Argentina's government rejected the Israeli government's summons of its ambassador in order to explain the memorandum of understanding signed between Argentina and Iran advancing the investigation of 1994 AMIA bombing case.
“The attack was suffered by the people of our country on July 18 and did not involve any Israeli citizen. The victims were mostly Argentines and include six Bolivians, two Poles and one Chilean,” Argentina's Foreign Ministry said in a statement issued late Tuesday.
“We are surprised that the Argentine government would team up with the Iranian government to seek out justice,” B’nai B’rith International President Allan J. Jacobs said in a statement. “Given Iran’s deplorable judicial track record and its refusal to turn over those previously implicated in the bombings, there’s little reason to believe anything substantial will come out of this commission.” ...more.
B'nai B'rith International President Allan J. Jacobs is quoted:
Holocaust survivors, their families and delegates of their cause flooded the General Assembly Hall of the United Nations on Friday, where the international body commemorated the victims of Nazism with a day of remembrance on the 68th anniversary of the liberation of Auschwitz.
The ceremony opened with a moment of silence followed by a taped message from Secretary- General Ban Ki-moon, who promised that the UN, founded out of the principles of humanity highlighted by the Holocaust, would “never again” let such an atrocity occur.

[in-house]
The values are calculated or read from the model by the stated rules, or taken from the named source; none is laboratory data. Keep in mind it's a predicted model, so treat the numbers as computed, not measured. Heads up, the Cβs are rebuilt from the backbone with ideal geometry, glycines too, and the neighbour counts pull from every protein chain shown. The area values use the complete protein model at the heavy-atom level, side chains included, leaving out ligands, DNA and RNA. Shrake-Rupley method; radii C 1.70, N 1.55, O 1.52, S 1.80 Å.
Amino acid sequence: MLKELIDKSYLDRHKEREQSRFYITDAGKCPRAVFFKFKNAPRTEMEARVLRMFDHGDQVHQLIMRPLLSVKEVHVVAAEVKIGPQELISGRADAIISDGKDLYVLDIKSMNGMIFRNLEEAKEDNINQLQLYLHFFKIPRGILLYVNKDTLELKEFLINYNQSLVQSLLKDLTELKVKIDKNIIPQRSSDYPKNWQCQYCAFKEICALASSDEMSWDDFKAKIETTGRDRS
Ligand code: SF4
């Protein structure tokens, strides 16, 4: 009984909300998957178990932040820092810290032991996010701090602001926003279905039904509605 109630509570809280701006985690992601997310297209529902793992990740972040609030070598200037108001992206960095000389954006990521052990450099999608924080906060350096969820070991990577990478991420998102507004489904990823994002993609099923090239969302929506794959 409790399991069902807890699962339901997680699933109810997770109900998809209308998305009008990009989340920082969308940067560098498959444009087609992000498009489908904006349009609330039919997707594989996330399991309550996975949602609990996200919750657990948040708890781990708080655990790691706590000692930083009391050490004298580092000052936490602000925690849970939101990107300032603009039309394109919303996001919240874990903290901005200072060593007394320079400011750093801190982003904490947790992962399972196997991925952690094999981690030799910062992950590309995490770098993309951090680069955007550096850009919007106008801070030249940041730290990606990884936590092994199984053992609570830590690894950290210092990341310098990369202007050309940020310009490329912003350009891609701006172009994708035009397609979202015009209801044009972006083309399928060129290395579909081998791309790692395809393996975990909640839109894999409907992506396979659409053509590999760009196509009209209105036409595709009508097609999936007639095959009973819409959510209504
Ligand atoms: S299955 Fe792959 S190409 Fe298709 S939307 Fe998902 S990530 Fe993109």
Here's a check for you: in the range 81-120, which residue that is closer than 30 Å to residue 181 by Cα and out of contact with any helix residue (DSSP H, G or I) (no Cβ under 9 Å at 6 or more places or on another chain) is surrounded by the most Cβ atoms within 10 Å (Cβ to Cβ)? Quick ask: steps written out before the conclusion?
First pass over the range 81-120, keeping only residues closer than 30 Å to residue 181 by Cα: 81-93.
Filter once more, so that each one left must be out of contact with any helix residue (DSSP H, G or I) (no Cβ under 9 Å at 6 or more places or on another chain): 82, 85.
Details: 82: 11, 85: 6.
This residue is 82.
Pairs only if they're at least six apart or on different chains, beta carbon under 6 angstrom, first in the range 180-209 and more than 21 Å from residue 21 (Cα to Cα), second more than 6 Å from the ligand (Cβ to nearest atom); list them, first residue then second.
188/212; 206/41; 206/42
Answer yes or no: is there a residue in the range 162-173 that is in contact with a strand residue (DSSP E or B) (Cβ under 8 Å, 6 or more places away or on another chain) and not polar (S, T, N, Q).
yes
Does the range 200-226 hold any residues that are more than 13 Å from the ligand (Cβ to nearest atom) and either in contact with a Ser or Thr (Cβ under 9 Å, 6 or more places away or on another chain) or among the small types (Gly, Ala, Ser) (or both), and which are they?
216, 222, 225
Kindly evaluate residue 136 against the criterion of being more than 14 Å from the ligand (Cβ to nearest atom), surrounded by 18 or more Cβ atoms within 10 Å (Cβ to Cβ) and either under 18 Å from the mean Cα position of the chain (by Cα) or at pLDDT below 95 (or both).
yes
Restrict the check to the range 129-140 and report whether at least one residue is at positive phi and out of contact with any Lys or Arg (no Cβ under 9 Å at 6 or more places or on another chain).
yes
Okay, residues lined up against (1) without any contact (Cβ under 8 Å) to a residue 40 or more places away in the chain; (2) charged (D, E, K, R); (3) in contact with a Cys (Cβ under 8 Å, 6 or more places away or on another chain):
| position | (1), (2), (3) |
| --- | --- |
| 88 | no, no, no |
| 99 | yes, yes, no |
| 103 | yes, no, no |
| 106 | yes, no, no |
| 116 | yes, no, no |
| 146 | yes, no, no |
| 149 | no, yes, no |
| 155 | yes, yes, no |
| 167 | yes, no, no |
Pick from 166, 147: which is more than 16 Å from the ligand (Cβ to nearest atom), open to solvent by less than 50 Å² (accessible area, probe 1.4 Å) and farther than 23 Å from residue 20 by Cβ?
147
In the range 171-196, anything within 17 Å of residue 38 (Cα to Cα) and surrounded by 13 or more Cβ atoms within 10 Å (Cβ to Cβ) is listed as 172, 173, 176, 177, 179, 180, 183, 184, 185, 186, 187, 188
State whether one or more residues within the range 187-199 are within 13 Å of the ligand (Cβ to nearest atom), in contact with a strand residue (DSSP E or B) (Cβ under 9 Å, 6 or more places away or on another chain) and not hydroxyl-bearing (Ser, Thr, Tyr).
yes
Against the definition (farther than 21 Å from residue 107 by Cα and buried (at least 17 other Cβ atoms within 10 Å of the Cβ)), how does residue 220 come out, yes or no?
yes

At a breakfast before the ceremony held to mark the day, B’nai B’rith International president Allan J. Jacobs told The Jerusalem Post that denials would continue as more time passes and more witnesses pass on.
“We know that’s going to happen,” Jacobs said. “There is certainly a dichotomy that exists. And we’ll continue to fight that in every venue we can, including at the UN.” ,,,more.
by Paul Foer
The nation narrowly has avoided falling off the so-called fiscal cliff, at least for a brief time.
Congress retained most tax cuts and cut some spending but continued to put off deeper cuts. The House of Representatives remains deeply divided and at odds with the president but still passed tax increases for the wealthiest Americans, a cornerstone of President Barack Obama’s campaign.
B’nai B’rith, which also expressed reservations about the work left undone, including potential cuts to Medicare and Medicaid, was specific about its support in one area. “Ensuring seniors have access to doctors by stopping a cut in reimbursements to those who treat the elderly is a vital element of this bill,” said B’nai B’rith International President Allan J. Jacobs.
“We certainly hoped Social Security would be left out because it is self-funded and doesn’t contribute to the deficit, but we have reason to be concerned about that as well,” said B’nai B’rith International Associate Executive Vice President Mark D. Olshan...more.